Backers of Bashar al-Assad’s regime in Syria passed a motion on Thursday recognizing the Armenian genocide, a move inspired by growing hostility between Assad and Turkey.
The move comes amid escalating violence between Turkish and Syrian forces in and around the city of Idlib and just one day after Turkish President Recep Tayyip Erdogan announced that his forces would strike the Syrian government forces after they killed 13 Turkish soldiers in the past week.
“If there is the slightest damage to our soldiers on the observation posts or other places, I am announcing from here that we will hit the regime forces everywhere from today, regardless of Idlib’s borders or the lines of the Sochi agreement,” Erdogan said on Thursday.
The Syrian parliament, which is composed solely of backers of Assad’s socialist regime, responded by describing Turkey’s actions as the “toughest in the history of humankind.”
“The parliament … condemns and recognizes the genocide committed against the Armenians by the Ottoman state at the start of the twentieth century,” their statement read. Russia, which remains the Syrian regime’s most important backer, has accused Turkey of violating the agreements it made in 2018 with Moscow on the de-escalation of violence in Idlib.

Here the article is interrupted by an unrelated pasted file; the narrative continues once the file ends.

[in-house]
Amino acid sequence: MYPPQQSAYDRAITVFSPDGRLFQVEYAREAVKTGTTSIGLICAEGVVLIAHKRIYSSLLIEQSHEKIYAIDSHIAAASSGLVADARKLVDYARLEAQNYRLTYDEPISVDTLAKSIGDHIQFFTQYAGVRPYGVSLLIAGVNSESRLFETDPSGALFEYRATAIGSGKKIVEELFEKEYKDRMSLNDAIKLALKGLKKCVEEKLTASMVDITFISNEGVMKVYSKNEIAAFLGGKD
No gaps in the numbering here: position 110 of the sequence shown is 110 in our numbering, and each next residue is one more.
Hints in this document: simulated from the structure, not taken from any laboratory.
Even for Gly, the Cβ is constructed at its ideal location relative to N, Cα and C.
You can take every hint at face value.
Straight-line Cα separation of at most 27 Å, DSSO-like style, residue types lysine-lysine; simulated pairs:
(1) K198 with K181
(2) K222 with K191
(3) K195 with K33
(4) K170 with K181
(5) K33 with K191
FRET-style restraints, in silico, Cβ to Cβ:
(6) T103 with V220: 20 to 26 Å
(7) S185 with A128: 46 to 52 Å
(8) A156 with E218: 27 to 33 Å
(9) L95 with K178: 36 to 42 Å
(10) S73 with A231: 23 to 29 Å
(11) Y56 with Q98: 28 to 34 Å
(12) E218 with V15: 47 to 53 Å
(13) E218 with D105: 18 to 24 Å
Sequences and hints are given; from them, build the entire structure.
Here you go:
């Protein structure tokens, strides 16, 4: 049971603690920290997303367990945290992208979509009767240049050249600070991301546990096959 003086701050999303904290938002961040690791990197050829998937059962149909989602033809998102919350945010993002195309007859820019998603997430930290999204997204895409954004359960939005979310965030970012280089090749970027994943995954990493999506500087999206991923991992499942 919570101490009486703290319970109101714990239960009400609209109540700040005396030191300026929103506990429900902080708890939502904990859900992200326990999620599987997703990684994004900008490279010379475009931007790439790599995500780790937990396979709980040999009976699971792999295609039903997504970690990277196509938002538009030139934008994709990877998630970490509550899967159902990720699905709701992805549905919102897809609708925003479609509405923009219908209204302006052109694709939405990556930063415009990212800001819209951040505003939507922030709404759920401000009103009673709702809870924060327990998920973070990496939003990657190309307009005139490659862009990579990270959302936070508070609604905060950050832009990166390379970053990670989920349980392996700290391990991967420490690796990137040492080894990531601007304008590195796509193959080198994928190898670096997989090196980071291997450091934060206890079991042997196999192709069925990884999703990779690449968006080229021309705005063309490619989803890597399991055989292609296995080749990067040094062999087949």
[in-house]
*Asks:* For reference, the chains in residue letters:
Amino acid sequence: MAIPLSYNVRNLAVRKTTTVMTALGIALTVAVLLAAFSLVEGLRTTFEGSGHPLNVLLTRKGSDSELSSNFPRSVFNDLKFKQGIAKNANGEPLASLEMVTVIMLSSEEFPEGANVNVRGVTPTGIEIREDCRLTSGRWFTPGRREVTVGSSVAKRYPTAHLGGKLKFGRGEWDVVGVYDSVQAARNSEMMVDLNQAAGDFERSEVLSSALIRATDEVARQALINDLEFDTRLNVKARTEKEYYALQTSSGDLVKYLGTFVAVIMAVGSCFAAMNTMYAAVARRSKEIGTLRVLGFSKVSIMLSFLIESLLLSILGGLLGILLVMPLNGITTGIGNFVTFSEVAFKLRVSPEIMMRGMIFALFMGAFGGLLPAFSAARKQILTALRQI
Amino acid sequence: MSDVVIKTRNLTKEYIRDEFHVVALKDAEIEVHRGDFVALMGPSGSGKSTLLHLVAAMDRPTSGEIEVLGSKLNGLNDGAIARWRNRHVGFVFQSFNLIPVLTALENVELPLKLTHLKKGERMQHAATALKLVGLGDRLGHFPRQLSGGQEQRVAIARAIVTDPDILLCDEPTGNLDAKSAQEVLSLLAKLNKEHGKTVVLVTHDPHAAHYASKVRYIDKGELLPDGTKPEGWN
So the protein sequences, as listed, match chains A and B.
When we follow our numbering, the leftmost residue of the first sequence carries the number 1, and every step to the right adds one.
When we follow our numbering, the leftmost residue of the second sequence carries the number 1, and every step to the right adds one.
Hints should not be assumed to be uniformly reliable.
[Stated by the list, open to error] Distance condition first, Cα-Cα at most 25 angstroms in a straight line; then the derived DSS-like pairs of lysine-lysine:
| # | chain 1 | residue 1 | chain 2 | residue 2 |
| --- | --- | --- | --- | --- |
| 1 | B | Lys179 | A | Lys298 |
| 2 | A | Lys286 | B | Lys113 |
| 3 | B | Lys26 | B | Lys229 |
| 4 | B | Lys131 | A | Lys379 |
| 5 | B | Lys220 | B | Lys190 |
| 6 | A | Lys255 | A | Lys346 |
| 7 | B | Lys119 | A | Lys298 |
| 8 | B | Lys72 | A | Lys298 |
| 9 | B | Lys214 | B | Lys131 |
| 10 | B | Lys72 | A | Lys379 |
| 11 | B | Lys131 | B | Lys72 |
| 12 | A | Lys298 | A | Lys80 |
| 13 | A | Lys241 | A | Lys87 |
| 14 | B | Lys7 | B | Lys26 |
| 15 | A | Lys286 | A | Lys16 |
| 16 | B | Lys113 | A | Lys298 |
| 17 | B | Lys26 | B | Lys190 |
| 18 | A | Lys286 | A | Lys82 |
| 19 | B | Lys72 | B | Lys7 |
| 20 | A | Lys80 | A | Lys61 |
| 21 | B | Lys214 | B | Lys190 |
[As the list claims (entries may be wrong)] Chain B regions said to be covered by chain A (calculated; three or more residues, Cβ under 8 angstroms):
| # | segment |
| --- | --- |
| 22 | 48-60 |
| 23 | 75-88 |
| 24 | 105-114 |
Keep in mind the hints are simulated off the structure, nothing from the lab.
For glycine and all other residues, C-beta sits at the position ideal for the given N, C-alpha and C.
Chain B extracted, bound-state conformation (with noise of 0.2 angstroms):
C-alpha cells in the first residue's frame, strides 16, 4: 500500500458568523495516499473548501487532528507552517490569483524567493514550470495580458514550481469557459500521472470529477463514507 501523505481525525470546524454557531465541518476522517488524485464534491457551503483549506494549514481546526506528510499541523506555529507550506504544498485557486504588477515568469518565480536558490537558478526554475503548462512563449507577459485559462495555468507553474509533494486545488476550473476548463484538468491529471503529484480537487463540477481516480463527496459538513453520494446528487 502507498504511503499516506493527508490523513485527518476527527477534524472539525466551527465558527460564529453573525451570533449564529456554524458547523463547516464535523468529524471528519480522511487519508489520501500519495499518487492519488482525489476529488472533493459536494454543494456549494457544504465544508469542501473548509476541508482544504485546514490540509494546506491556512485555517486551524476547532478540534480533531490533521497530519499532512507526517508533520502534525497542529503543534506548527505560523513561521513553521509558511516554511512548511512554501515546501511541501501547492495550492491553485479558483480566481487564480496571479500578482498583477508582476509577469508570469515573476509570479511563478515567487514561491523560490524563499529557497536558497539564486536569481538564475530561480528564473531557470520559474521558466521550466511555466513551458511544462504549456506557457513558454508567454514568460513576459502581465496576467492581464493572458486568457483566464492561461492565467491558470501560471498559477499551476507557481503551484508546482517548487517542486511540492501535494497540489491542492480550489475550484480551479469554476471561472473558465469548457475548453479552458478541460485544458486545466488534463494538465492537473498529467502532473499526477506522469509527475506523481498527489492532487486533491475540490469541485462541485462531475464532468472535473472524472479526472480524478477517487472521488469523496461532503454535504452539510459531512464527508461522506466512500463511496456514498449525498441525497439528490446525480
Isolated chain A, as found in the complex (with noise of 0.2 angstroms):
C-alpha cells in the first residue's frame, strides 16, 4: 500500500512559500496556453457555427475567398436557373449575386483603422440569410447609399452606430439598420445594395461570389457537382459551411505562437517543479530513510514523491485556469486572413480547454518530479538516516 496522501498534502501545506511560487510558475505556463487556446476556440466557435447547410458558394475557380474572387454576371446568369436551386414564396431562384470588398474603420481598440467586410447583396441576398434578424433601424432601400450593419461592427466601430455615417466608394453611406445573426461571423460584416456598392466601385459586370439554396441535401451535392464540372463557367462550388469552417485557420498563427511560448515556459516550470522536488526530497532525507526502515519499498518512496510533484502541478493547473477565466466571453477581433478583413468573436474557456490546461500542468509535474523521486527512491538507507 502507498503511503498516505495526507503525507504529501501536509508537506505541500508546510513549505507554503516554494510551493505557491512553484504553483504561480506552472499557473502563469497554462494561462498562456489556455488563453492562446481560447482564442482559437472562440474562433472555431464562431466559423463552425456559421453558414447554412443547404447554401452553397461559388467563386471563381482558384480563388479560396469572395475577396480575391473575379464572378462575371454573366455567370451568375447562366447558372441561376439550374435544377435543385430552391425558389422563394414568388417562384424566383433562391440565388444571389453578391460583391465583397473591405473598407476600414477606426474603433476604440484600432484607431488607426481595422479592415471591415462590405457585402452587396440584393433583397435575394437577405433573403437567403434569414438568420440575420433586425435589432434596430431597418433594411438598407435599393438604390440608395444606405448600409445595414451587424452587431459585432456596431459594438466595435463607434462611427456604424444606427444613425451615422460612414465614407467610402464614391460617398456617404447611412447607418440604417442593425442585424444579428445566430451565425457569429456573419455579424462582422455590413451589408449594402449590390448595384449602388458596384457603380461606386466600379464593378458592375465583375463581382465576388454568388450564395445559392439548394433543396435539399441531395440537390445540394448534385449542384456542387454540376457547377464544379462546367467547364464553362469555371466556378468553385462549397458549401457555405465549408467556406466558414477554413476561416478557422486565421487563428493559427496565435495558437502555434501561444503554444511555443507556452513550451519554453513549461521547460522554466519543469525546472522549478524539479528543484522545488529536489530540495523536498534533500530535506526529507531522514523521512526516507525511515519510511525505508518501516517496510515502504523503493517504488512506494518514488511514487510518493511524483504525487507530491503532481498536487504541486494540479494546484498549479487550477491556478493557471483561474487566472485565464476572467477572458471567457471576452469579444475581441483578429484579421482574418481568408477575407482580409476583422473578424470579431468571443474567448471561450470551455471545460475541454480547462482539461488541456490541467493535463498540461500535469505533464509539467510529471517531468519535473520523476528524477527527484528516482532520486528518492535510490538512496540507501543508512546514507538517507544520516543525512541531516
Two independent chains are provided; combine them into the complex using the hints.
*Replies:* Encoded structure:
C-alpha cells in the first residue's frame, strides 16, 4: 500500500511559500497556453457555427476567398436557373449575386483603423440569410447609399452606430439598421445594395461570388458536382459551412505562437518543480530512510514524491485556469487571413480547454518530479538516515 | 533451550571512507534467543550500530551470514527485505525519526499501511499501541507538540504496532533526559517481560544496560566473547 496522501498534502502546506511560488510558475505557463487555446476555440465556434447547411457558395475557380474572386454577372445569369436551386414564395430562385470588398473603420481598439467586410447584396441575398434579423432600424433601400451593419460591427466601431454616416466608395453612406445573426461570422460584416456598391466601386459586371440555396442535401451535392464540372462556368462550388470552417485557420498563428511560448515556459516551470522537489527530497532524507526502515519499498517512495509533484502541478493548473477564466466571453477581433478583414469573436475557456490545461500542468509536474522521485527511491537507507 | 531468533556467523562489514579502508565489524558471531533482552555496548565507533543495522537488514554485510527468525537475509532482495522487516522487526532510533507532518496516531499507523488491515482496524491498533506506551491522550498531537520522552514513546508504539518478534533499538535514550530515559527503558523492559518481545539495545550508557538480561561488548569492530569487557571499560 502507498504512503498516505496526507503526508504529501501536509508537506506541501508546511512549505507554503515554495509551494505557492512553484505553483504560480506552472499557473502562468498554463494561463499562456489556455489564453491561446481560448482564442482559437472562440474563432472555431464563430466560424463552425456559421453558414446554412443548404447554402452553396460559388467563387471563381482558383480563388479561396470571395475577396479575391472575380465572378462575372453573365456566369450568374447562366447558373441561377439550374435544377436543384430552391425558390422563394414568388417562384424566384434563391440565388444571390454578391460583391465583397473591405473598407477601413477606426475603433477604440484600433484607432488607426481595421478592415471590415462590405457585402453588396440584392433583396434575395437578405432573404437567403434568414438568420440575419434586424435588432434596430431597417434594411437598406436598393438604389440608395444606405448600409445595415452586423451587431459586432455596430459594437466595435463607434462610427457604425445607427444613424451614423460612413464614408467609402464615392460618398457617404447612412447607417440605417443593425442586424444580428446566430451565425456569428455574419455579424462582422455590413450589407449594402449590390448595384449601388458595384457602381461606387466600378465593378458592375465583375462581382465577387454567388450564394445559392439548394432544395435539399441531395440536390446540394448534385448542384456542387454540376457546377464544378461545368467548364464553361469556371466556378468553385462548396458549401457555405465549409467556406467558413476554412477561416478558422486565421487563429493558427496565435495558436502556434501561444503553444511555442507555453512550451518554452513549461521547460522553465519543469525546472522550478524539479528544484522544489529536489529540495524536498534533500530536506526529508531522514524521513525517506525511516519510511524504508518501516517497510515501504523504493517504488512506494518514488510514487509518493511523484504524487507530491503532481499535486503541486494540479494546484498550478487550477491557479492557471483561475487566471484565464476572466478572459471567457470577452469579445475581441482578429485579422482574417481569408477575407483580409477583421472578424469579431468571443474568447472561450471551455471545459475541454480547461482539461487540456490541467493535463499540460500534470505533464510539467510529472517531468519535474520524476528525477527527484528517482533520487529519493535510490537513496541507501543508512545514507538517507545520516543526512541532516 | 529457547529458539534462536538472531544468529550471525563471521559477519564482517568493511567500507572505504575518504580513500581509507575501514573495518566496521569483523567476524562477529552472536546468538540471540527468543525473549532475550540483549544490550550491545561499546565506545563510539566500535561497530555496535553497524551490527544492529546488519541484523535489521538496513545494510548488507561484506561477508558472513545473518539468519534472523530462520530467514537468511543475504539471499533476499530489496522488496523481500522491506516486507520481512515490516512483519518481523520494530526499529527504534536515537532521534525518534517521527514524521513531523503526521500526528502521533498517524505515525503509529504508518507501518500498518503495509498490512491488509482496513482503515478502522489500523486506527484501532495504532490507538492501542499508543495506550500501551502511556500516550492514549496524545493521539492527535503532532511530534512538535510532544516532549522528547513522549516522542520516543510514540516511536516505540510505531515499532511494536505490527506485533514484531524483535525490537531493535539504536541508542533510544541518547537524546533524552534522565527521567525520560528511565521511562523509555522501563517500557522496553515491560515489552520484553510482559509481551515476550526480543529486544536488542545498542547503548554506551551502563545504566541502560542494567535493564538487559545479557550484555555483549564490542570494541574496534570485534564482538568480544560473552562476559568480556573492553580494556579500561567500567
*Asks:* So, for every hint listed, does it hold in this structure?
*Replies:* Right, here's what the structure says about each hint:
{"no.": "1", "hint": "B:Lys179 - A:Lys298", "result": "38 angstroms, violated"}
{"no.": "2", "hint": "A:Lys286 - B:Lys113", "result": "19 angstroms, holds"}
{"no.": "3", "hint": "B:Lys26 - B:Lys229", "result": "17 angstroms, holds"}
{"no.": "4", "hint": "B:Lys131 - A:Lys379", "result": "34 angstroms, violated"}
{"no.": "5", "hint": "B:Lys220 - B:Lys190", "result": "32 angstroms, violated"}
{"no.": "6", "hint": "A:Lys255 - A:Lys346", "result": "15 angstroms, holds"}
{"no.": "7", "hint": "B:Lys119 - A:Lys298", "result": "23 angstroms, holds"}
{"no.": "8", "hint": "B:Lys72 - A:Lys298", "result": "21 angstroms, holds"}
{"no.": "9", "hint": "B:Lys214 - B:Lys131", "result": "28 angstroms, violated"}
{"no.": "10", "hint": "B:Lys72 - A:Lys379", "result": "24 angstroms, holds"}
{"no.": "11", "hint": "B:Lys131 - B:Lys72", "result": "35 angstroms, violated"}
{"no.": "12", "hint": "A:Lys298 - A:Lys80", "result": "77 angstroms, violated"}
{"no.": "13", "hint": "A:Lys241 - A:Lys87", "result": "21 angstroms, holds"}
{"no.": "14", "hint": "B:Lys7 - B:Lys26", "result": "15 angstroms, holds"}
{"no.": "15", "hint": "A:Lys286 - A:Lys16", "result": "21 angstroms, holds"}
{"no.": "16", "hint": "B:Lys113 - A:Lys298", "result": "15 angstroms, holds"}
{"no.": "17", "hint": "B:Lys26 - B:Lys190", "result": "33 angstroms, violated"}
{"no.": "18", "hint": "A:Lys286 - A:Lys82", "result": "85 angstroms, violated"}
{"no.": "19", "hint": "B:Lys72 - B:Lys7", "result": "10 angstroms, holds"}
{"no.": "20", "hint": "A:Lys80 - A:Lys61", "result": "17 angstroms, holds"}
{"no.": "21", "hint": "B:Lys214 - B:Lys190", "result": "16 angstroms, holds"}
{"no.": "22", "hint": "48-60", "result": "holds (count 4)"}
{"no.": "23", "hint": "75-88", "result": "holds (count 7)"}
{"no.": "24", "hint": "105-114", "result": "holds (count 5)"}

“We are currently living through a Turkish aggression that relies on the same hateful Ottoman thinking [as] the crimes carried out by Erdogan’s forefathers against the Armenian people,” Parliament Speaker Hammouda Sabbagh said.
The Armenian genocide, which took place between 1915 and 1923, was the systematic murder of the 1.6 million Armenian people, most of them Christians, at the hands of the Ottoman Empire. Many countries around the world have already recognized the genocide, although the United States has still failed to do so.
Turkey vehemently denies the description of events as genocide, instead describing it as a “tragedy” where both sides suffered serious losses. Countries that choose to recognize the events are consequently seen as hostile forces.
Last December, the U.S. House of Representatives passed a motion branding the killings as genocide. The Trump administration dismissed such recognition to continue currying favor with Turkey, which has traditionally been an ally of Washington.
“The position of the Administration has not changed,” State Department spokeswoman Morgan Ortagus said in a terse two-sentence statement at the time. “Our views are reflected in the president’s definitive statement on this issue from last April.”